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House-Tree-Person Test

PostPosted: Thu Jan 07, 2010 2:30 pm
by Sabina
The house-tree-person test is a famous projective personality test (see below), it can be used to test anyone over the age of three.

A projective test, in psychology, is a personality test designed to let a person respond to ambiguous stimuli, presumably revealing hidden emotions and internal conflicts. This is different from an "objective test" in which responses are analyzed according to a universal standard (for example, a multiple choice exam). Projective tests have their origins in psychoanalytic psychology, which argues that humans have conscious and unconscious attitudes and motivations that are beyond or hidden from conscious awareness.

The HTP test begins by giving the person one sheet of plain paper, asking them to draw a house, as good as they can. When they are done, you present them with questions, such as: Who lives in the house, how do they feel, are they happy, do people visit there, etc.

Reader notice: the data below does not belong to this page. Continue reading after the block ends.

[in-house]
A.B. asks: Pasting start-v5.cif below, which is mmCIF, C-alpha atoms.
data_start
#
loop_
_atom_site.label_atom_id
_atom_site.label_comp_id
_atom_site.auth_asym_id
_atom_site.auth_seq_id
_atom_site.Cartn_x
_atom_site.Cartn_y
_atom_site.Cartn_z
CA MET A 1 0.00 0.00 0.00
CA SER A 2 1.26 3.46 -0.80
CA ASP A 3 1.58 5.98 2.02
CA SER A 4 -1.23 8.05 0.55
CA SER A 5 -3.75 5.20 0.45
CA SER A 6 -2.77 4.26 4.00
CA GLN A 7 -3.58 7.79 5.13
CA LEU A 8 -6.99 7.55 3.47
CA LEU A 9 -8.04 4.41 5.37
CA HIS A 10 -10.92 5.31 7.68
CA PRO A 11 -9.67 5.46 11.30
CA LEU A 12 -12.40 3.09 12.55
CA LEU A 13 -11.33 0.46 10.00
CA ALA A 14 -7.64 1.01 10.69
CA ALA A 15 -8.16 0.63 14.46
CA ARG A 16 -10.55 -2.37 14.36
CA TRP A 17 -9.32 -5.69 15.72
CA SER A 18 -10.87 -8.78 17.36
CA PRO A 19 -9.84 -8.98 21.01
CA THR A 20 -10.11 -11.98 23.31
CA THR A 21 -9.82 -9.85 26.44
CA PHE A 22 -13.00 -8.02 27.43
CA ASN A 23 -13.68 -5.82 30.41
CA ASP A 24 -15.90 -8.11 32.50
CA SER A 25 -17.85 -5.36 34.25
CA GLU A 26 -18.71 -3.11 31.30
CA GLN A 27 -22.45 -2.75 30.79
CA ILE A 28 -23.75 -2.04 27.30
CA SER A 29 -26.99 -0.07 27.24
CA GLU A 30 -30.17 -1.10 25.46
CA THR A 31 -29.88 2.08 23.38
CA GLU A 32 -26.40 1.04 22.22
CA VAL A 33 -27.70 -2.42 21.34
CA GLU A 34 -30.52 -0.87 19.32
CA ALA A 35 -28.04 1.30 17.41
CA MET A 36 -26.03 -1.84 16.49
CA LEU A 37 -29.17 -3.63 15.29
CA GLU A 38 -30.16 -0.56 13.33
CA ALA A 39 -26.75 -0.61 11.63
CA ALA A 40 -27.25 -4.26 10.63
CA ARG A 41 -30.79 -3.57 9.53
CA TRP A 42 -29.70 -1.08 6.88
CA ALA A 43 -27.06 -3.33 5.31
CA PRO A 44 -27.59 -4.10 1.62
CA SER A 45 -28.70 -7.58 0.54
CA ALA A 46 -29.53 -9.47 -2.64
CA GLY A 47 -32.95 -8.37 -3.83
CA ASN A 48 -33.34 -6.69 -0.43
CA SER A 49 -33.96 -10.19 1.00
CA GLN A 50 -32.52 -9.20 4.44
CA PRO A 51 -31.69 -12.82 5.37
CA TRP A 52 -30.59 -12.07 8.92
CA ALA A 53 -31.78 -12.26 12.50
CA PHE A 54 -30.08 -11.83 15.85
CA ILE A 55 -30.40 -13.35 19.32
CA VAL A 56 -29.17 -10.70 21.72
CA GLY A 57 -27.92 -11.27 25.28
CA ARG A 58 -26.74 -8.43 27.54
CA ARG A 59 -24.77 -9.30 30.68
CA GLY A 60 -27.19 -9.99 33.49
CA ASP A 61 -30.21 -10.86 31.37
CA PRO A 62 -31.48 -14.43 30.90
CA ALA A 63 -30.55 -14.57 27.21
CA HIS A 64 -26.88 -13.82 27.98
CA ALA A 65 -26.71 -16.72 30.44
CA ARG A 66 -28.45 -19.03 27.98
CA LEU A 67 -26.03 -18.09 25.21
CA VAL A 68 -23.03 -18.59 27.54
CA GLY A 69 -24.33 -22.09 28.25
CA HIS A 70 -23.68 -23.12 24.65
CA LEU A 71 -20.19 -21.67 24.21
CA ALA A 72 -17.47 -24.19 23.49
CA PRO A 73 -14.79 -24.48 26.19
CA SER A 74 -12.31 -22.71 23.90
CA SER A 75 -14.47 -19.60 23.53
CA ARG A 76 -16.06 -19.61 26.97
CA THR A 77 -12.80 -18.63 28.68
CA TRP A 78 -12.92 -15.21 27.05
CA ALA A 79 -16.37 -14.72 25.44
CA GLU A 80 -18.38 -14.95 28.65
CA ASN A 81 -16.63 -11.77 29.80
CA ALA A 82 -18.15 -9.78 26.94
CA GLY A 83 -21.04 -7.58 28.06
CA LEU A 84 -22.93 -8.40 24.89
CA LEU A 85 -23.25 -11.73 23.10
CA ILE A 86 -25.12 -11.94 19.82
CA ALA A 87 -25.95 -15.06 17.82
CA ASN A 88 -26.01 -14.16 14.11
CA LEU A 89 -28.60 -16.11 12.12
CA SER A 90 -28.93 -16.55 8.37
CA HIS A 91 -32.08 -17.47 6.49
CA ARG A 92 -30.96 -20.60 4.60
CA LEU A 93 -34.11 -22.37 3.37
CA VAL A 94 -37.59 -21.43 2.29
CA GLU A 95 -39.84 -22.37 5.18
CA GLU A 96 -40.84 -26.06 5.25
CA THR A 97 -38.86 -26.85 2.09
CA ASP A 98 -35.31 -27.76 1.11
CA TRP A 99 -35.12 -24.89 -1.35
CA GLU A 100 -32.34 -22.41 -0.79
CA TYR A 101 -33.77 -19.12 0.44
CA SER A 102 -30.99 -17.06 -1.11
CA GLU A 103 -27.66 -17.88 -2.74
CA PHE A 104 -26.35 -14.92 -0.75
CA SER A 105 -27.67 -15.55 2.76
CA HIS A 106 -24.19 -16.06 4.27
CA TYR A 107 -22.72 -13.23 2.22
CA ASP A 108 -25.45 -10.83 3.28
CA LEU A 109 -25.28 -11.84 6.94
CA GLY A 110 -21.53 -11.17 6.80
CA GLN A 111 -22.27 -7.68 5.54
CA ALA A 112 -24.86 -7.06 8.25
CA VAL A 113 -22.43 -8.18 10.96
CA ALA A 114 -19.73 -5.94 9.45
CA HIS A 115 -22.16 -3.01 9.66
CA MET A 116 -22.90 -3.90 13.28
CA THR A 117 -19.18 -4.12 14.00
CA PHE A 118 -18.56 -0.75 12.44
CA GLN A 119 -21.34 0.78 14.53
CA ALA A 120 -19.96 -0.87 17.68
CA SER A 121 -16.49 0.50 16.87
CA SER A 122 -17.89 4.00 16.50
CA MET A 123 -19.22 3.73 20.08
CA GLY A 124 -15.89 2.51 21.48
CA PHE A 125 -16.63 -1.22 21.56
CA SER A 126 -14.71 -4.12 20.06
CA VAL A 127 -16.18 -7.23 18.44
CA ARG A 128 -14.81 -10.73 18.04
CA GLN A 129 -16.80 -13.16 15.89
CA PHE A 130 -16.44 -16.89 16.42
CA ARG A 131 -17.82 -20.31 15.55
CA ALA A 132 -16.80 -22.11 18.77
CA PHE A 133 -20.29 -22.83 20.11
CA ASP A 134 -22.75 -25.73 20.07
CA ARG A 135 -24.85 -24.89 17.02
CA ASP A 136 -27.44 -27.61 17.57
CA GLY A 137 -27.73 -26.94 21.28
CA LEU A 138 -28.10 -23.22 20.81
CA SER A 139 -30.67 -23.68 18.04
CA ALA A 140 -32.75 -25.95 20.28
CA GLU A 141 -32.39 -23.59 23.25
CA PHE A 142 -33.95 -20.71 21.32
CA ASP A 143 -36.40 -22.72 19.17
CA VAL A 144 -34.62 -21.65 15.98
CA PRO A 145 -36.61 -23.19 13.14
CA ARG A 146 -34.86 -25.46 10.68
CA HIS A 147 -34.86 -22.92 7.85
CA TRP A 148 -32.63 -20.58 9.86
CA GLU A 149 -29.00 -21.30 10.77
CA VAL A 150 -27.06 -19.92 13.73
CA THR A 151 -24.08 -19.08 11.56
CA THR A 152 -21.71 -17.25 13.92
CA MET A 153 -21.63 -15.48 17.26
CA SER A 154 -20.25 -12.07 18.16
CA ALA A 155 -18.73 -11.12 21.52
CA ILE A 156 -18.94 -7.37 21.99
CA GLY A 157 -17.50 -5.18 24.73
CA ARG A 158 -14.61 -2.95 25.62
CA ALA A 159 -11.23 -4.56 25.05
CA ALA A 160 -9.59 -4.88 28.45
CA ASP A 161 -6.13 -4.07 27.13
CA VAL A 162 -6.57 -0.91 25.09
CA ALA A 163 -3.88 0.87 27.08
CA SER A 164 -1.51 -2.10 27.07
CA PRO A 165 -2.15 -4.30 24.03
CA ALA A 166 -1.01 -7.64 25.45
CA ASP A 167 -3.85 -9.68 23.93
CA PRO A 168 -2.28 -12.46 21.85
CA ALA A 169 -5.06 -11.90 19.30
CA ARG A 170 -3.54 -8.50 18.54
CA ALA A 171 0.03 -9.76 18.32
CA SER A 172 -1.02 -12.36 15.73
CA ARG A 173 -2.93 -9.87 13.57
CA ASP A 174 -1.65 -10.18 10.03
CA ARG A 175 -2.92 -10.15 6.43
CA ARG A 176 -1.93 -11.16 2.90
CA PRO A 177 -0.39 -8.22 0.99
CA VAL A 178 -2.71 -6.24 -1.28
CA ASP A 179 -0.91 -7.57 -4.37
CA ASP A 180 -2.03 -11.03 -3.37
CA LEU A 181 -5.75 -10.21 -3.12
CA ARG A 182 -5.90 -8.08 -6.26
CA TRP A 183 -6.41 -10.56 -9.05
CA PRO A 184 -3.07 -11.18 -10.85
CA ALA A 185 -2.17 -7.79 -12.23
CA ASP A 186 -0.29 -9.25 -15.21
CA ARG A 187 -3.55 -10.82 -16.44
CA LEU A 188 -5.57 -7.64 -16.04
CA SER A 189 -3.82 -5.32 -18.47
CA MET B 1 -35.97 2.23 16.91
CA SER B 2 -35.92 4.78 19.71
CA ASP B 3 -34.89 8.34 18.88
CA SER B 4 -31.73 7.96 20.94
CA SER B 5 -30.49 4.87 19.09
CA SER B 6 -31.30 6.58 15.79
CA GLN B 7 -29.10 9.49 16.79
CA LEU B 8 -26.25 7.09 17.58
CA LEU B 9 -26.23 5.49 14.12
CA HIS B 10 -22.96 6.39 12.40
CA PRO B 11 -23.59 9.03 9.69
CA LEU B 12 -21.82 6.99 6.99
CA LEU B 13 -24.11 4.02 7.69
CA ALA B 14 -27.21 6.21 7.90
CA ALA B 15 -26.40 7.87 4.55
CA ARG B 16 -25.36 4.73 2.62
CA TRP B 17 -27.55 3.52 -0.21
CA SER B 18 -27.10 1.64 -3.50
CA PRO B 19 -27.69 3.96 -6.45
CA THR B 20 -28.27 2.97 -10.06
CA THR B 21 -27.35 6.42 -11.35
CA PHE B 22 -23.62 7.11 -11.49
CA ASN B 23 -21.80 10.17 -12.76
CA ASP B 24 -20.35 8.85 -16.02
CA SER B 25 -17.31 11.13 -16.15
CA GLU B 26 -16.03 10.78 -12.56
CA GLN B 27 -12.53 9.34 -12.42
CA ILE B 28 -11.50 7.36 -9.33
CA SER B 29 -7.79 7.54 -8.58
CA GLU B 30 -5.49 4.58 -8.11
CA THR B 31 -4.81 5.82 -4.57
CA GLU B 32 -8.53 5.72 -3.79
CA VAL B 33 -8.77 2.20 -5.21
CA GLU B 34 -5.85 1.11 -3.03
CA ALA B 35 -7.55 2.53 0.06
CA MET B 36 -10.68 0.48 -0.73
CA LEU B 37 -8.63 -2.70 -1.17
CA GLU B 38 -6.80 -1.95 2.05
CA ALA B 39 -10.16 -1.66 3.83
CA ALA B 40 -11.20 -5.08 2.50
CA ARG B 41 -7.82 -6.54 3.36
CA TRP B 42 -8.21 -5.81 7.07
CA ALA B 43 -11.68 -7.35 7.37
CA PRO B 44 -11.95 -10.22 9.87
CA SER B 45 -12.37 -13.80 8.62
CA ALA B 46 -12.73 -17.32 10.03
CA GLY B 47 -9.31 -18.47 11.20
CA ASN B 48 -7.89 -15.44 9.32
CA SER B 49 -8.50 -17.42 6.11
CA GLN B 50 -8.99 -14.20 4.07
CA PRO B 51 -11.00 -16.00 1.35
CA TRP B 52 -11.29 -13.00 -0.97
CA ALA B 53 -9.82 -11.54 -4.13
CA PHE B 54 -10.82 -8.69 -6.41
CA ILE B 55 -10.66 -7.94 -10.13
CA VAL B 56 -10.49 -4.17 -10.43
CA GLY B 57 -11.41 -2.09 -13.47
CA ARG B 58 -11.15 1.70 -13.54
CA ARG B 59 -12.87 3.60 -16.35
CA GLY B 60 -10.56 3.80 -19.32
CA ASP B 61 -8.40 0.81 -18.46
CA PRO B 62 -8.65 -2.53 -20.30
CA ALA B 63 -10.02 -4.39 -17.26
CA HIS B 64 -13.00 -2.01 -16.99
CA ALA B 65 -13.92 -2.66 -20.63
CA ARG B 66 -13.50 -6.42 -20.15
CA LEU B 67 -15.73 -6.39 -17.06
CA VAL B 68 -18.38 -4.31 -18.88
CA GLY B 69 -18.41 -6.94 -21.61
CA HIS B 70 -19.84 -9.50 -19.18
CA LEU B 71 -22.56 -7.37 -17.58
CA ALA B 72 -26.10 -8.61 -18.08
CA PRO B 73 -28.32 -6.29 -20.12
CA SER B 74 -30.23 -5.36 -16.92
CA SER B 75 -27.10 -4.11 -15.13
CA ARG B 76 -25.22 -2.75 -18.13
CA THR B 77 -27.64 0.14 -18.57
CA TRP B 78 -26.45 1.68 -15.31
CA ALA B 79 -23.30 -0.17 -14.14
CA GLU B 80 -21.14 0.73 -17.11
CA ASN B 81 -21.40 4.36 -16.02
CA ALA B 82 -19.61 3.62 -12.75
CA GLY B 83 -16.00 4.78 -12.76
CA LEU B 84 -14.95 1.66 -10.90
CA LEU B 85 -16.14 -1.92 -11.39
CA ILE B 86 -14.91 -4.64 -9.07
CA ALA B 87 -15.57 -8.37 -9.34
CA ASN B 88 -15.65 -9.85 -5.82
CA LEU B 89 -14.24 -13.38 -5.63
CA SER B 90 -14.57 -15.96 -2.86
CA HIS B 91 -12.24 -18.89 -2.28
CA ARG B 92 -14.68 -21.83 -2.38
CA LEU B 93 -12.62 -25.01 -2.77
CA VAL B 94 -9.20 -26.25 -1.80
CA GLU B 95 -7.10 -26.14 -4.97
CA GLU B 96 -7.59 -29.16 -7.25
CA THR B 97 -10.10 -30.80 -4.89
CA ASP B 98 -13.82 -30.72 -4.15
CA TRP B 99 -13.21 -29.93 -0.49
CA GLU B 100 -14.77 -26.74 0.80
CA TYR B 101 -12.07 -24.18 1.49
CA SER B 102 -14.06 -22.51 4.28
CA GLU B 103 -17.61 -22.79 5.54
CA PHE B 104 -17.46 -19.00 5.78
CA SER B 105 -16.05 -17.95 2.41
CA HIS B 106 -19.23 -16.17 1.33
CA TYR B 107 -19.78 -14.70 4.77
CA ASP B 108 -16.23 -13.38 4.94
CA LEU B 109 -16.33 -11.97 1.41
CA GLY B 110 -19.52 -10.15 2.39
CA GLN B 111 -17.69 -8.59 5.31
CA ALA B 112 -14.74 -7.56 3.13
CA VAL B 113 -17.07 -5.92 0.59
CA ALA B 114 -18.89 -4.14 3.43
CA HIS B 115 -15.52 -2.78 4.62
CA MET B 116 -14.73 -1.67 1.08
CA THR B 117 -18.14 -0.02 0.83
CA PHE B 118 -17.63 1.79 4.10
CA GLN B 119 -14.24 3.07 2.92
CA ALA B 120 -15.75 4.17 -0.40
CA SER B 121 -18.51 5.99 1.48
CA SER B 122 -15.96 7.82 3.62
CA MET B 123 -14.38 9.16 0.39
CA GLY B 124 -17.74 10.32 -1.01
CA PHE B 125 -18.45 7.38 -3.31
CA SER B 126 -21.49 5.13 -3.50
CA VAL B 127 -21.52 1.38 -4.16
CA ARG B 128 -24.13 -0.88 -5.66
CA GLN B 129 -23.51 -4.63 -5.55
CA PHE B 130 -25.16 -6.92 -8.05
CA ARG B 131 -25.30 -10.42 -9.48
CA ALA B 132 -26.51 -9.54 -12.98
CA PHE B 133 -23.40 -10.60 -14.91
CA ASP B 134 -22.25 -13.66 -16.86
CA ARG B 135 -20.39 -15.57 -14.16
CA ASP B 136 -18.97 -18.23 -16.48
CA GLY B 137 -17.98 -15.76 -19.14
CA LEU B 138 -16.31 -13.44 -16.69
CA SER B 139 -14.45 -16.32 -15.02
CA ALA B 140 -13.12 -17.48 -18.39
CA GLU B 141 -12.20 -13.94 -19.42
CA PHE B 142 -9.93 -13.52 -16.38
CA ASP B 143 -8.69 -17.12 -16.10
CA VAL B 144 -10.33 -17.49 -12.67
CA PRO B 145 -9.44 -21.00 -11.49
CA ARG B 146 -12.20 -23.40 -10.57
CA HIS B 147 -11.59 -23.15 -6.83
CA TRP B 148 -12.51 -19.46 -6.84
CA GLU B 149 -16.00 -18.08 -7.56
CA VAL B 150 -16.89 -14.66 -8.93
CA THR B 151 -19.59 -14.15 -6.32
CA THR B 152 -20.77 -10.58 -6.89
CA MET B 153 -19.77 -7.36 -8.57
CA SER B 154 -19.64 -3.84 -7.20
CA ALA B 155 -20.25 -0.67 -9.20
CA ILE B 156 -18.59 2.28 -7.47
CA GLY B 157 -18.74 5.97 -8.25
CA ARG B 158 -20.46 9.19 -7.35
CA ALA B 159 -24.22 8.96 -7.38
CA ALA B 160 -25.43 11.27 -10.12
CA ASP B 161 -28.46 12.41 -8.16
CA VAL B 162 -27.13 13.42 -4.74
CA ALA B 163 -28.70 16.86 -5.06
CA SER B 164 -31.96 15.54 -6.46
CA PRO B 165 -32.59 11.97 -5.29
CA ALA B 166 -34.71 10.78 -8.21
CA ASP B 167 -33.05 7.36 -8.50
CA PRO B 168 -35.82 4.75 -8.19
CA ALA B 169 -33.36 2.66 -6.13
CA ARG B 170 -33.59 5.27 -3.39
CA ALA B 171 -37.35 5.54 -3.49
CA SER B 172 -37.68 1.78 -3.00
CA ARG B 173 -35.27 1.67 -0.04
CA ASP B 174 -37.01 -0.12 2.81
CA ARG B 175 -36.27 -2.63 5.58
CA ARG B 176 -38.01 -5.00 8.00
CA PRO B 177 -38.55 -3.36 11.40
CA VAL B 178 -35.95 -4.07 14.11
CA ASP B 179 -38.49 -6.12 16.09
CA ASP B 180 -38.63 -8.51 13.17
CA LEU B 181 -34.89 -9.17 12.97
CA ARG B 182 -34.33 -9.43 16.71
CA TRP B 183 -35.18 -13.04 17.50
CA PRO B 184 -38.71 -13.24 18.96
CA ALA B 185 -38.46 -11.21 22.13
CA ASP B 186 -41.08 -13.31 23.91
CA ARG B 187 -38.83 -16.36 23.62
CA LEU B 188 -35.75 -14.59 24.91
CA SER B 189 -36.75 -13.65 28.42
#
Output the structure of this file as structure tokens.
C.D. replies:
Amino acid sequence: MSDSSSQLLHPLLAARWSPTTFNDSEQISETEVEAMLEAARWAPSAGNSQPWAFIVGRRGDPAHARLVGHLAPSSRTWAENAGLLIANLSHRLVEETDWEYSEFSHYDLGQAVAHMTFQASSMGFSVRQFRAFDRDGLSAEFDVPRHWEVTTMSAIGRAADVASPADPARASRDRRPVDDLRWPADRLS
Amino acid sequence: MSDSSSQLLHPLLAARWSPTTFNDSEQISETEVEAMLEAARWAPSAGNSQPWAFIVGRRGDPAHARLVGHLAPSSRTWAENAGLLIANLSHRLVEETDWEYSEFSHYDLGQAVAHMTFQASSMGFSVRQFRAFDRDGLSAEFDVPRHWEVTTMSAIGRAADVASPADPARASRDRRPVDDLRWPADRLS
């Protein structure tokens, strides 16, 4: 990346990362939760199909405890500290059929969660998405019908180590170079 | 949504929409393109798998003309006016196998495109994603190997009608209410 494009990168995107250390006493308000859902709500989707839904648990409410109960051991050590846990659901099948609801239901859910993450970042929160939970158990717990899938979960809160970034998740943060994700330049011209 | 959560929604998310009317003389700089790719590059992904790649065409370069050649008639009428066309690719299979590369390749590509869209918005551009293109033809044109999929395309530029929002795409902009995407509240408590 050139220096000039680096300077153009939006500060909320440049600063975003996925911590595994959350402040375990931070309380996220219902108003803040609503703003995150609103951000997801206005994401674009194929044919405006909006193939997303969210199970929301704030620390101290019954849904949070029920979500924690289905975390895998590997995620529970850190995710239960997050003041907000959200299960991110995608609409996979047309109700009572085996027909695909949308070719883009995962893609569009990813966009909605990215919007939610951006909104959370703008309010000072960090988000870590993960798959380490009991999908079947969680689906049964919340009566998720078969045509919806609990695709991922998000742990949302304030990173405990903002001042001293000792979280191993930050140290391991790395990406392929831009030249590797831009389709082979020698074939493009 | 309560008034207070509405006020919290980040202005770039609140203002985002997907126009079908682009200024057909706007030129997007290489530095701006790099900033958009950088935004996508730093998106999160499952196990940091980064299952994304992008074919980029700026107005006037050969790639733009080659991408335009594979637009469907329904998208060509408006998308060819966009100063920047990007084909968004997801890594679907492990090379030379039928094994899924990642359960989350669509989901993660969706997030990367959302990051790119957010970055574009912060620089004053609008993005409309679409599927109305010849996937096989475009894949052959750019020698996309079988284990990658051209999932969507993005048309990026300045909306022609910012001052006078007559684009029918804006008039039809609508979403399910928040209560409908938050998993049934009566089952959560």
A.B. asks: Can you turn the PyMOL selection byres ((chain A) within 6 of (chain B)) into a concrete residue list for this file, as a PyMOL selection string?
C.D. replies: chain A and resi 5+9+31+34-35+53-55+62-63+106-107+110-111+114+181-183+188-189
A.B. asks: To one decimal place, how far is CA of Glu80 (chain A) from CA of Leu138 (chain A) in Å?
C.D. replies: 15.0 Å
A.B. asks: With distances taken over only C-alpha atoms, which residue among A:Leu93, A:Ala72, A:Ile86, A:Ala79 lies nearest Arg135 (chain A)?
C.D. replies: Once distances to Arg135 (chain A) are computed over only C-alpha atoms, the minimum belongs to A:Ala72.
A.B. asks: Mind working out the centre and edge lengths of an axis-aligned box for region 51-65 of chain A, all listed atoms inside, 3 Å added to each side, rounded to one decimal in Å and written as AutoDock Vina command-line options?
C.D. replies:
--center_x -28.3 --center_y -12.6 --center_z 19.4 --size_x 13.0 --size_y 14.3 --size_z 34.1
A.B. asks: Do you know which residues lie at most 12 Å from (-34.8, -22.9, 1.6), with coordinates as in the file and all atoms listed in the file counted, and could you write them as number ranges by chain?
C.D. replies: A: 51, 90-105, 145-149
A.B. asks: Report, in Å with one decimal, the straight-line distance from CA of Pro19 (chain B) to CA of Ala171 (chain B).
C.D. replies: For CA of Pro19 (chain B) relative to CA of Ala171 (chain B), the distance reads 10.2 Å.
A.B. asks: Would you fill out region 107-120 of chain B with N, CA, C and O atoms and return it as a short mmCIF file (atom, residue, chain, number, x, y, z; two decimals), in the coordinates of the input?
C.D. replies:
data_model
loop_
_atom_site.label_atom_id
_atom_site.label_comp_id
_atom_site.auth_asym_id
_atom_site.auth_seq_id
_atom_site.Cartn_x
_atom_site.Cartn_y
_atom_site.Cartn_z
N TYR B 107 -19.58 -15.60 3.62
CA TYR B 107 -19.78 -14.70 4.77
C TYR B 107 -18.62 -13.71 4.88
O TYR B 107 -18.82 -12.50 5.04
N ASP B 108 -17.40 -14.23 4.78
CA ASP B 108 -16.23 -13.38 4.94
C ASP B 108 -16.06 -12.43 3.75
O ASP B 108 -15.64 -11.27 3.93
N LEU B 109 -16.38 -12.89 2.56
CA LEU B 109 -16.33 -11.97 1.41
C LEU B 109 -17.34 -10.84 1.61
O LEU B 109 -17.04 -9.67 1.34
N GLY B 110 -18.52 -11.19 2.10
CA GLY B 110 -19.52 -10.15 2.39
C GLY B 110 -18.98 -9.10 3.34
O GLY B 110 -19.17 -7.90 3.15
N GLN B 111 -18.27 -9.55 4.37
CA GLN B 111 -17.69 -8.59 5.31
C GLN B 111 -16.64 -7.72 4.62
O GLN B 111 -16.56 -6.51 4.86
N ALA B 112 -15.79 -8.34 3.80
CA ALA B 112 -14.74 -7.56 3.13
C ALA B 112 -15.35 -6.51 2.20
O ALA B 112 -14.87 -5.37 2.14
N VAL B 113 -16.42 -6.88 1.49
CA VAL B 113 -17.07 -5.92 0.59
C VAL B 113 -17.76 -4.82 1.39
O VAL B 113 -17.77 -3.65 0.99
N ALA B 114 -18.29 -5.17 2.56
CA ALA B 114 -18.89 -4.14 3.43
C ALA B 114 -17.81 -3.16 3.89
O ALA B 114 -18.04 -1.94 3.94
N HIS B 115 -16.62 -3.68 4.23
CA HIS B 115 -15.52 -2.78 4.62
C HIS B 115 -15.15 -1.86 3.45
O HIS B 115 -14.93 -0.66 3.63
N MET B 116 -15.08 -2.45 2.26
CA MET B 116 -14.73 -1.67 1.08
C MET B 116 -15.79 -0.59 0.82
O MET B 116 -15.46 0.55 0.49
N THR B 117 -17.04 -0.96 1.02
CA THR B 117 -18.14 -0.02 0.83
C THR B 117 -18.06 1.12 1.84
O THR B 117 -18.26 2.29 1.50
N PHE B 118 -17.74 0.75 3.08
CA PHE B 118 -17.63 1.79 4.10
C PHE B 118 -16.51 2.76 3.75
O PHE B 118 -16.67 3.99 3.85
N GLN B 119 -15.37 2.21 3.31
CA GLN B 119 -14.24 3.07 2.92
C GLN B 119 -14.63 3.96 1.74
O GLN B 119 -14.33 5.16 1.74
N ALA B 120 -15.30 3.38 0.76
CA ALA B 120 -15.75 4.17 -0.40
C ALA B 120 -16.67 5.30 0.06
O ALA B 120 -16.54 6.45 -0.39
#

Next you give them a second piece of paper, asking them to draw a tree, as good as they can. Upon completion of the tree drawing, again questions: How old is this tree, what kind of tree is it, who waters the tree, does it get enough sunshine, etc.

Finally you give them a third and last piece of paper, asking them to draw a person. The drawing is again followed by question about the person: Who is the person, how old are they, how do they feel, what does the person love to do, what does the person not like, who takes care of them, and so on.

The way the pictures are drawn can be interpreted and the answers to the questions provide additional insight. Interpreting the HTP is difficult and is supposed to be done by properly trained individuals, however, if you are aware that you are not (properly trained), but think you are equipped with open-mindedness and love of exploration, it could be entertaining to improvise.
Results should, especially in that case, not be used for any kind of judgment.


Re: House-Tree-Person Test

PostPosted: Sat Jan 09, 2010 12:16 pm
by mirjana
I can imagine that this kind of psychological exercises must be valuable when working with children as it could help in recognizing what motivate their choices and how they observe people around them.
I shall play it with my grandchildren.